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Violations of Academic Integrity:
What are the Consequences?

The consequences of academic dishonesty are serious.  Students can face both academic and disciplinary consequences.  A violation may result in suspension or expulsion.  Faculty members will decide how to handle violations of academic integrity on a case-by-case basis. 

In some cases, a faculty member will resolve the matter directly with the student.  If a faculty member determines that there was academic dishonesty, the faculty member may assign any grade for the work at issue deemed appropriate, which may include failing the student on the work or in the class.  Students who believe they have been graded unfairly have recourse through the grade appeal procedures established by each school.

Independent of the faculty member’s grade determination, a formal complaint may be submitted to the Office of Student Conduct regarding any matter of academic dishonesty.  The Office of Student Conduct will then investigate the case.  Detailed guidelines to the steps followed in every case may be found at http://www.upenn.edu/osc/pages/charter_lite.html.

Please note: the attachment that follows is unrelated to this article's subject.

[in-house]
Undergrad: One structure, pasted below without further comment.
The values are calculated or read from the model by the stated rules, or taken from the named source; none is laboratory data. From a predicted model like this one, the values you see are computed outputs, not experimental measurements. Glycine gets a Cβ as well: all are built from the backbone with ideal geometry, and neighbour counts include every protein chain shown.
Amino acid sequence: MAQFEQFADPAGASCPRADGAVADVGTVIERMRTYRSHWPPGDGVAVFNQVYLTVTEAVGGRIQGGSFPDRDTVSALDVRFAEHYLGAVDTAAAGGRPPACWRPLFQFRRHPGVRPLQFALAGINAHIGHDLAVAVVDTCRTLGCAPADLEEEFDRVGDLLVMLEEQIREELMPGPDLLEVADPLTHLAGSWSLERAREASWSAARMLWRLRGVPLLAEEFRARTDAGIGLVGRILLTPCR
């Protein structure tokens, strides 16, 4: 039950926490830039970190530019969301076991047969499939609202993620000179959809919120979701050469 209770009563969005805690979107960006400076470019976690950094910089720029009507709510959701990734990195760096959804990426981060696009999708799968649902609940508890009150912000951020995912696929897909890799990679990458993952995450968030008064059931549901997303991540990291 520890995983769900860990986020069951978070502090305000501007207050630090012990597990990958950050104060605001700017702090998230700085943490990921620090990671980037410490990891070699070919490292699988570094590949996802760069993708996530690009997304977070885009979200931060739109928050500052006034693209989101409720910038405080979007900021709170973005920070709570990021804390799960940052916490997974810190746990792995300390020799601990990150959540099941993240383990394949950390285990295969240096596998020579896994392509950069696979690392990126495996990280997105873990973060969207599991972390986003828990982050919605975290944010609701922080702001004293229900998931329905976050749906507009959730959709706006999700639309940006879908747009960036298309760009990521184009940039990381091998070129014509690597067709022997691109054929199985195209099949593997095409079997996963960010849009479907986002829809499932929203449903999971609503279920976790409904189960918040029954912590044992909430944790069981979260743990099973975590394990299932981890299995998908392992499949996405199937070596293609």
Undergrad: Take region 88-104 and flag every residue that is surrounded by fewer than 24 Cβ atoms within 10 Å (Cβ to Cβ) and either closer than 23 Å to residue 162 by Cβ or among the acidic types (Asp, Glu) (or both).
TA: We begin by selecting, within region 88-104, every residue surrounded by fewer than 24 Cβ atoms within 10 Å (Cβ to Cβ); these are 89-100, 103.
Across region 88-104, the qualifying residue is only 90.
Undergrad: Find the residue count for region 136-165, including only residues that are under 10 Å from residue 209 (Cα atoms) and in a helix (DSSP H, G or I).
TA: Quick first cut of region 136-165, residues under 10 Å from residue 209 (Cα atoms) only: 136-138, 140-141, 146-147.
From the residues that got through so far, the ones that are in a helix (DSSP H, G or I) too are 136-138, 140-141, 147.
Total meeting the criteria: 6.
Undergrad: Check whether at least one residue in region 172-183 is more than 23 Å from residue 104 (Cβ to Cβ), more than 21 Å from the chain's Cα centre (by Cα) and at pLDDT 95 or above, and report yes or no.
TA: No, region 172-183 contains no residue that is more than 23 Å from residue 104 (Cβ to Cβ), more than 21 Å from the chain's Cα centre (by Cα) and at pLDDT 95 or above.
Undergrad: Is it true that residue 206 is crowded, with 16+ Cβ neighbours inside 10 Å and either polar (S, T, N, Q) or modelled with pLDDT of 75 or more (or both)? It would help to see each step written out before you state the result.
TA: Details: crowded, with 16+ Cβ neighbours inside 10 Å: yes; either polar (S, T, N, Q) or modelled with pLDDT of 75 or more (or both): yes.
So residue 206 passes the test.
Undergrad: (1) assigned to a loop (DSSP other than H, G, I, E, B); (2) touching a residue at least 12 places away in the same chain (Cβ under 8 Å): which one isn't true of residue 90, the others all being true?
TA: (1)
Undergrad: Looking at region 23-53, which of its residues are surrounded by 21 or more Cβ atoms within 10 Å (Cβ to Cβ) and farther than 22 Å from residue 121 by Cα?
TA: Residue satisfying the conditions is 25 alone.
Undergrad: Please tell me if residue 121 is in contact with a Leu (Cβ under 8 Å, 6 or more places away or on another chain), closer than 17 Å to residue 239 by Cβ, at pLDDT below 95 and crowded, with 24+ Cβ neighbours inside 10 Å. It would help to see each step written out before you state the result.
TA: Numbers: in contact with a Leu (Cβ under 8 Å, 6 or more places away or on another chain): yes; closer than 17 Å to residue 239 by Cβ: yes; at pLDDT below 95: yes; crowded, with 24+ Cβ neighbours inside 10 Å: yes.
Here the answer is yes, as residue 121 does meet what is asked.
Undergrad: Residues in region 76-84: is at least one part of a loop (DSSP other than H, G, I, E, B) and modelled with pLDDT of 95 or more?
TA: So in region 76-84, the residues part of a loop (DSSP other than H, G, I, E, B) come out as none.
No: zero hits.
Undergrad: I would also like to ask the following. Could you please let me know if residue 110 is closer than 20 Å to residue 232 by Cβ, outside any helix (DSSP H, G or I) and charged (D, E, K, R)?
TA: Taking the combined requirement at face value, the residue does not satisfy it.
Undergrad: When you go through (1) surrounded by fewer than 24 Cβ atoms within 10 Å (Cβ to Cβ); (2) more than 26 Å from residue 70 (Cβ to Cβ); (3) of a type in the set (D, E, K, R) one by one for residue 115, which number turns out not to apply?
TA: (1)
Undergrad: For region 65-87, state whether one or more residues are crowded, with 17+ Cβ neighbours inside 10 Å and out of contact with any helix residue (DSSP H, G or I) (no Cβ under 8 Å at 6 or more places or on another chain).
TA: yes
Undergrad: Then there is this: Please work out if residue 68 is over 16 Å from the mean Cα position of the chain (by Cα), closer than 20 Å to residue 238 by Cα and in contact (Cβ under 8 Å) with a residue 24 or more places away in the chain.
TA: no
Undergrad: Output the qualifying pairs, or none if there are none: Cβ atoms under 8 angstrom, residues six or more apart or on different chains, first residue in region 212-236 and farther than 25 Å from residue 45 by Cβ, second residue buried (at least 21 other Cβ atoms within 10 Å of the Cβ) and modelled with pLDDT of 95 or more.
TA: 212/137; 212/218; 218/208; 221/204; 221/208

Faculty have the authority to assign grades based on their evaluation of a student's work. The grade may reflect a faculty member's judgment that the work violated the norms of academic integrity but the grade is not a disciplinary sanction. For more information, see the Pennbook's statement on "Faculty Authority to Assign Grades and Academic Integrity". http://www.upenn.edu/provost/PennBook/faculty_authority_to_assign_grades_and_academic_integrity.

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This guide has been adapted from one produced at MIT entitled Academic Integrity at the Massachusetts Institute of Technology:  A Handbook for Students.  We are grateful for their permission to use and revise the work for students at the University of Pennsylvania.

Written by Patricia Brennecke, Lecturer in English Language Studies
Edited by Professor Margery Resnick, Chair of the Committee on Discipline, and Joanne Straggas, Office of the Dean for Undergraduate Education.  Prepared with the support of Professor Robert P. Redwine, Dean for Undergraduate Education at MIT.

Adapted in Fall 2006 for use by graduate students at the University of Pennsylvania and published as the Handbook for Students, Ethics and Original Research by Professor Barbara Fuchs, Romance Languages, Dr. James B. Lok, Professor of Pathobiology, School of Veterinary Medicine, Linda Meiberg, graduate student and Karen Lawrence, Assistant Director of Education.

This edition edited, amended and produced by:

The University Honor Council and the
Office of Student Conduct
University of Pennsylvania
Fall 2008